Some Hard Questions

Copyright 2002. All scripture is Authorized King James Version, 1769 edition. This article may be copied and used without permission of the author, provided it is copied and used in its entirety

What? know ye not that your body is the temple of the Holy Ghost which is in you, which ye have of God, and ye are not your own? For ye are bought with a price: therefore glorify God in your body, and in your spirit, which are God’s. (I Corinthians 6:12-20)

I have a question: Just who does the above passage apply to? Those who are lost, or those who are saved? Does it apply to all the saved, or just those who are in covenant relationship with the Lord in His church?

I have yet a better question: Does it really matter? If it does, why don’t we act like it? If it doesn’t, why don’t we throw the Bible away? What is the point of having the word of God if we are not going to obey it?

Even better still: Why do we bother assembling together if we are not going to really adhere to what God has called us to? Does not the Scripture state (and quite plainly at that):

And having an high priest over the house of God; Let us draw near with a true heart in full assurance of faith, having our hearts sprinkled from an evil conscience, and our bodies washed with pure water. Let us hold fast the profession of our faith without wavering; (for he is faithful that promised;) And let us consider one another to provoke unto love and to good works: Not forsaking the assembling of ourselves together, as the manner of some is; but exhorting one another: and so much the more, as ye see the day approaching. For if we sin wilfully after that we have received the knowledge of the truth, there remaineth no more sacrifice for sins, But a certain fearful looking for of judgment and fiery indignation, which shall devour the adversaries. He that despised Moses’ law died without mercy under two or three witnesses: Of how much sorer punishment, suppose ye, shall he be thought worthy, who hath trodden under foot the Son of God, and hath counted the blood of the covenant, wherewith he was sanctified, an unholy thing, and hath done despite unto the Spirit of grace? (Hebrews 10:21-29)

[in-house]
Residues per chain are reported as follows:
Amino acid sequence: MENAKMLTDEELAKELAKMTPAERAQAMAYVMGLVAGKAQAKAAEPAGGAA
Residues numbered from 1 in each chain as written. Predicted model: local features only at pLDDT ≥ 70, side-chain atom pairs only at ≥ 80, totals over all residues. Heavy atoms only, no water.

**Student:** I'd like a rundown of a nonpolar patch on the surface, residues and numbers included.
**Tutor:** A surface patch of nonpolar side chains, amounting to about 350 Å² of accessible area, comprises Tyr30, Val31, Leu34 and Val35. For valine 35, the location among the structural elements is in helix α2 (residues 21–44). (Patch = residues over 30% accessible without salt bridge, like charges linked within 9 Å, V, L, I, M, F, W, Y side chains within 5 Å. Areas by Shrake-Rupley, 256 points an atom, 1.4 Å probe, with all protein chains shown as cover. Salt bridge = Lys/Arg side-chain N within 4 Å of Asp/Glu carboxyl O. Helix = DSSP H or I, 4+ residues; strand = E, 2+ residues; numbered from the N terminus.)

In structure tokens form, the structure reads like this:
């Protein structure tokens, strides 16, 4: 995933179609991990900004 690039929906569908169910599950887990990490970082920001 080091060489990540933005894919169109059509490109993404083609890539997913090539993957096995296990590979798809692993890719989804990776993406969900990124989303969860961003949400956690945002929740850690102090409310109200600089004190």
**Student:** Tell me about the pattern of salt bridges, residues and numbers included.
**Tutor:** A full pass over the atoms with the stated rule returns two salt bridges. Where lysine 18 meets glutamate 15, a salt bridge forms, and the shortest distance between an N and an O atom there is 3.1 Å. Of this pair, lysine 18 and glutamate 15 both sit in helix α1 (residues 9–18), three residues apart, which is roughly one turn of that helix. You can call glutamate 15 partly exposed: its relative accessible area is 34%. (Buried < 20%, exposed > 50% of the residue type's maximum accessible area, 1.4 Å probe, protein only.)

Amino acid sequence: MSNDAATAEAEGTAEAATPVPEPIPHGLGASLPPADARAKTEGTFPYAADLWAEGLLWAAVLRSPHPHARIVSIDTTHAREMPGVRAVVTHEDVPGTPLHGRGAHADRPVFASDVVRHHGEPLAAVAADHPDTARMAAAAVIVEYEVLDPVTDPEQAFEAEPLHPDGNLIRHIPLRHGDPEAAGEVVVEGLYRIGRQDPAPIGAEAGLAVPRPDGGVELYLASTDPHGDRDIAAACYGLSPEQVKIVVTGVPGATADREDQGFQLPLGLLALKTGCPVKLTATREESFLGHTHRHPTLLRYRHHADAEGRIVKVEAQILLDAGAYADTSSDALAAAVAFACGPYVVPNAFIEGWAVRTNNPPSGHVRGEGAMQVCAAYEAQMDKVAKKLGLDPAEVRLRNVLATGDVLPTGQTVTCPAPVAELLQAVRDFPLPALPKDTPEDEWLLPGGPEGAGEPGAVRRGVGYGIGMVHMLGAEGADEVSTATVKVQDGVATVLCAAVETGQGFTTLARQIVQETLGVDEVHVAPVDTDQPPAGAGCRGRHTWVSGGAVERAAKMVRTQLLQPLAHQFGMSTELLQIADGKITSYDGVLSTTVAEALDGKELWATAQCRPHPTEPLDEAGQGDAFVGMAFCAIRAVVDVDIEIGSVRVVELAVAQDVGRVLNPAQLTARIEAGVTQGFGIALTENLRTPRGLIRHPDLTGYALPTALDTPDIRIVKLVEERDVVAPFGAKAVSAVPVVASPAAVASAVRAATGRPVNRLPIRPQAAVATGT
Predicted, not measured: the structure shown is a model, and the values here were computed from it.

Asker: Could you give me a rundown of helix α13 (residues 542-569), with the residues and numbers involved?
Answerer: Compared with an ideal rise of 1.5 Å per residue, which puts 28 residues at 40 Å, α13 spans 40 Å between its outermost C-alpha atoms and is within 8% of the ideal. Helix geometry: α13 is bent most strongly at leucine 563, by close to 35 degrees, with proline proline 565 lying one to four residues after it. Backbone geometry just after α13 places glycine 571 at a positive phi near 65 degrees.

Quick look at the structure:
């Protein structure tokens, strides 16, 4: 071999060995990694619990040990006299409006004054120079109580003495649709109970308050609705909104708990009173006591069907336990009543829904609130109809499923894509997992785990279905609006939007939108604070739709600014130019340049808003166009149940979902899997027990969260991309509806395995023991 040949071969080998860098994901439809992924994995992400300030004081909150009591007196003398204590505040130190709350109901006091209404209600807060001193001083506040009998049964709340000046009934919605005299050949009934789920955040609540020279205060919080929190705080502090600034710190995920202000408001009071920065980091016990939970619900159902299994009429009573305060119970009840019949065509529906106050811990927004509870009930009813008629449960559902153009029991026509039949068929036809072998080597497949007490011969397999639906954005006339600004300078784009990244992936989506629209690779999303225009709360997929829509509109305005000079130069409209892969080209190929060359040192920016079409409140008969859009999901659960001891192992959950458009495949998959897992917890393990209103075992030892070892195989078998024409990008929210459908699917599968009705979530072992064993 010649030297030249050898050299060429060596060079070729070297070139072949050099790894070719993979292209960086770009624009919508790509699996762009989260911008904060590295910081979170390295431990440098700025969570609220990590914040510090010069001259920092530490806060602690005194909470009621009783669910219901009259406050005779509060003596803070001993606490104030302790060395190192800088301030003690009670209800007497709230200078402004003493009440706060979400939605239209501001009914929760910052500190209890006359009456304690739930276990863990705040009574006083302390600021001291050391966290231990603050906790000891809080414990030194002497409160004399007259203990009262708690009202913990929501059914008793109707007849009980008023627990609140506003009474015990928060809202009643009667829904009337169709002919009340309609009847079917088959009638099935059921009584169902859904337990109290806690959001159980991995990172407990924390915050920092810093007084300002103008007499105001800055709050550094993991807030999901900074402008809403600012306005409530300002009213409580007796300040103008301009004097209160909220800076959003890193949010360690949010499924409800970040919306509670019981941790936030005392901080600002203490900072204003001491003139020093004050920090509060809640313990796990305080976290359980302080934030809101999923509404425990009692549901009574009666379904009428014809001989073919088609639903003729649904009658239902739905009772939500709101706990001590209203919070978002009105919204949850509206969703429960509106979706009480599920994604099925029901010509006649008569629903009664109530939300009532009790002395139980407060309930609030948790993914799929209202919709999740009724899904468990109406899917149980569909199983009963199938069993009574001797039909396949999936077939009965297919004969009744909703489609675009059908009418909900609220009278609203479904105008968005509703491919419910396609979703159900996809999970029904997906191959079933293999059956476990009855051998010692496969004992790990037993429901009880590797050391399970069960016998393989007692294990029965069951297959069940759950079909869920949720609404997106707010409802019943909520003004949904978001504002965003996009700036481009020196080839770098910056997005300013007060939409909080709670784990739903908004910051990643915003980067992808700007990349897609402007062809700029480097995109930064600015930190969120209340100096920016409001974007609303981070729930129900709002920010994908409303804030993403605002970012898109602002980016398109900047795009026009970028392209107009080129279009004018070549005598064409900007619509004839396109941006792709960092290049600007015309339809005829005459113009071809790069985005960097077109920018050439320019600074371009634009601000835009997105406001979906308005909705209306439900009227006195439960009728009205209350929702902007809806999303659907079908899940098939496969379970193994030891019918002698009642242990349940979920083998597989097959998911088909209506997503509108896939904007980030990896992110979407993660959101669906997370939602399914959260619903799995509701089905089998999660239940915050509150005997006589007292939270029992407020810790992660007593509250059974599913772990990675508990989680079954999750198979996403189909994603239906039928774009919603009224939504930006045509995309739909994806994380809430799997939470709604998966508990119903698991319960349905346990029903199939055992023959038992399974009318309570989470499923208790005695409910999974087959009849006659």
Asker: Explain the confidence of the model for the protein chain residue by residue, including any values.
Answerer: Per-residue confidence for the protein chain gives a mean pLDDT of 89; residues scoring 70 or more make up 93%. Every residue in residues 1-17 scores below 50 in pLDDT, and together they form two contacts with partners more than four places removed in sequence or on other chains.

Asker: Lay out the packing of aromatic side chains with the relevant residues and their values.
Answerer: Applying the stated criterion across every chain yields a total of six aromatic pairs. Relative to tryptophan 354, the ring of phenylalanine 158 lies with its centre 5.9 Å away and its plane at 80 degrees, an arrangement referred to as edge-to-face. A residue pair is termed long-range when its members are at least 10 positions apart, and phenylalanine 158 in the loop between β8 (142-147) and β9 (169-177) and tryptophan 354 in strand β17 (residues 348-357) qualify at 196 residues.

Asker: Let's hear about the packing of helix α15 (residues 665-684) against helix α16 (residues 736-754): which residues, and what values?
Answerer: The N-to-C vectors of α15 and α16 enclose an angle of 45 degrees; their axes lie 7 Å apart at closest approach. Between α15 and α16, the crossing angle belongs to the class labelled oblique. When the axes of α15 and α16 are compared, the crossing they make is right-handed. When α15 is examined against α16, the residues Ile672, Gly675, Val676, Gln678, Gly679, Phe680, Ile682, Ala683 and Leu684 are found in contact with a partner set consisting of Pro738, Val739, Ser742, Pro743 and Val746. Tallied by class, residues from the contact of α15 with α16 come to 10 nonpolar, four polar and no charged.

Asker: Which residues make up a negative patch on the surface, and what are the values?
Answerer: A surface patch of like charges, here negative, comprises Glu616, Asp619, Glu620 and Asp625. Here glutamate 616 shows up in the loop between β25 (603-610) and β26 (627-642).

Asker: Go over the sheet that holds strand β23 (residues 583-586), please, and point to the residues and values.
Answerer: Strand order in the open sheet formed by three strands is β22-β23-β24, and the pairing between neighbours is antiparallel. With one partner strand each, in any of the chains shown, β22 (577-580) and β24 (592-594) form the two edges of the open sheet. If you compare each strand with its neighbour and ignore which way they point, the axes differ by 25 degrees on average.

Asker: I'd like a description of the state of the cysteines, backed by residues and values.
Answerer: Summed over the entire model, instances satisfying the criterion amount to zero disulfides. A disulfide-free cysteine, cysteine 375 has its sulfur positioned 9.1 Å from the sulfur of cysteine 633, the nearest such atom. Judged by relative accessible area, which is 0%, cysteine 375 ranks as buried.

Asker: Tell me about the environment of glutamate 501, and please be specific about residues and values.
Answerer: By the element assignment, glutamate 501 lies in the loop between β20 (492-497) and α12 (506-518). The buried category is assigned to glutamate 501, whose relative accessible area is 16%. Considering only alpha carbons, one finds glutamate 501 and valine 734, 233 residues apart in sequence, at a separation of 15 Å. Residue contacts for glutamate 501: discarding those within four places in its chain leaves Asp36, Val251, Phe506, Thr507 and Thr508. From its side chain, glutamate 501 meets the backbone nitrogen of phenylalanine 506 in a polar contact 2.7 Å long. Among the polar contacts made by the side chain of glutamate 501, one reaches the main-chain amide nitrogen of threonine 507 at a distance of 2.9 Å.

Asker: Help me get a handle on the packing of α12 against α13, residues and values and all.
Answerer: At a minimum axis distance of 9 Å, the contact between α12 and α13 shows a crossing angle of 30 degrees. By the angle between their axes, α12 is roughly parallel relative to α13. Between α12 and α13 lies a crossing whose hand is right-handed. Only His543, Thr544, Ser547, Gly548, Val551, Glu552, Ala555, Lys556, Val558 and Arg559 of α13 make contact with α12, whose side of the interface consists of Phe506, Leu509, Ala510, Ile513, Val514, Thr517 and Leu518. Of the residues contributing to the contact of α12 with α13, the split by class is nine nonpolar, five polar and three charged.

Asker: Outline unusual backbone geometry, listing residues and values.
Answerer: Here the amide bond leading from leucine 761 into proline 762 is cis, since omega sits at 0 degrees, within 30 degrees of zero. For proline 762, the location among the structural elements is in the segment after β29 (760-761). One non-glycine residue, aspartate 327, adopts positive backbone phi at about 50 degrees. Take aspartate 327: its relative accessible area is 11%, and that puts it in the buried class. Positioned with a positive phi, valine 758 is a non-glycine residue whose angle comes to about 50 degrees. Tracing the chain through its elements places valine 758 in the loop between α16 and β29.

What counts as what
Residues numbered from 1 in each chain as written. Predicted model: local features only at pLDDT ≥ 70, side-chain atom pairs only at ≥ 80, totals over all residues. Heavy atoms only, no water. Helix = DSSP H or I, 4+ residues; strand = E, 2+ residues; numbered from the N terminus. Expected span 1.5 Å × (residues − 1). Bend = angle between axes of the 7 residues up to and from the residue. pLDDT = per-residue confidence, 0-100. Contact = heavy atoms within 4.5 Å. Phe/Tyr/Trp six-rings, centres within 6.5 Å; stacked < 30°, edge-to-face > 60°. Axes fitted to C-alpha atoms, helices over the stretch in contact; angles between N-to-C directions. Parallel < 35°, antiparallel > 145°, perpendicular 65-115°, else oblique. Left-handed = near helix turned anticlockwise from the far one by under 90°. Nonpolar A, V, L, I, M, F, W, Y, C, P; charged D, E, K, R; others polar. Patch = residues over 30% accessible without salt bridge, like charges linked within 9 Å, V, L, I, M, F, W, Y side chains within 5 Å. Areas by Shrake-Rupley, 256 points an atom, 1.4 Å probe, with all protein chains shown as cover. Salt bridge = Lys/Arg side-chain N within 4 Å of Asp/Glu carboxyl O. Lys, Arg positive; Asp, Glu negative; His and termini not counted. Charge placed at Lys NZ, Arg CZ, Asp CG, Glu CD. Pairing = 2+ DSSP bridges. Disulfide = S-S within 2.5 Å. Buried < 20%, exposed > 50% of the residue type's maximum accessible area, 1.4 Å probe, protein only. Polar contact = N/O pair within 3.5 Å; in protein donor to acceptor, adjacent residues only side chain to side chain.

You know, we are very quick to point out that it is failing the covenant if we do not assemble together regularly: But I wonder, why do we never finish the thought that this passage lies in? Now I know, this is not the proper motivation for someone wanting to serve God. The LORD God demands we serve Him out of a pure love for Him. However, if someone truly loved God from the heart, would not that person already be diligently working to rule over the flesh and the temptations of the world? So what is this passage for? Perhaps, (it is just a thought) it is to remind us that the standard for obedience under Grace is actually higher than the standard for obedience under the Law. After all, Moses’ Law required outward conformance. If you did the sacrifices and offerings, and attended to worship on the days specified, at the place specified, and did not violate the commandments concerning relations with others, then you were justified in the sight of Moses’ Law and those around you, whether or not you had truly submitted your heart to God. (However, you were still not justified before God.)

However, we are not under the Law of Moses. Thus the law of Grace applies to us (by “law” I mean the underpinning principles). The standard Grace demands of us is conformance to the will of God from the inward man out. What this world is supposed to see is a people motivated from the inside out to serve God freely, thus glorifying God in all we do. As it is written, “Whether therefore ye eat, or drink, or whatsoever ye do, do all to the glory of God.” (I Corinthians 10:31)

Now we know that the above passage is set in the context of the local, visible, independent, New Testament church as the passage starts out with the statement “And having an high priest over the house of God;” Thus, we know it applies to us, much as an earlier passage in the Epistle to the Hebrews does. In Hebrews, chapter 3, it is stated: “And Moses verily was faithful in all his house, as a servant, for a testimony of those things which were to be spoken after; But Christ as a son over his own house; whose house are we, if we hold fast the confidence and the rejoicing of the hope firm unto the end. (Hebrews 3:5-6)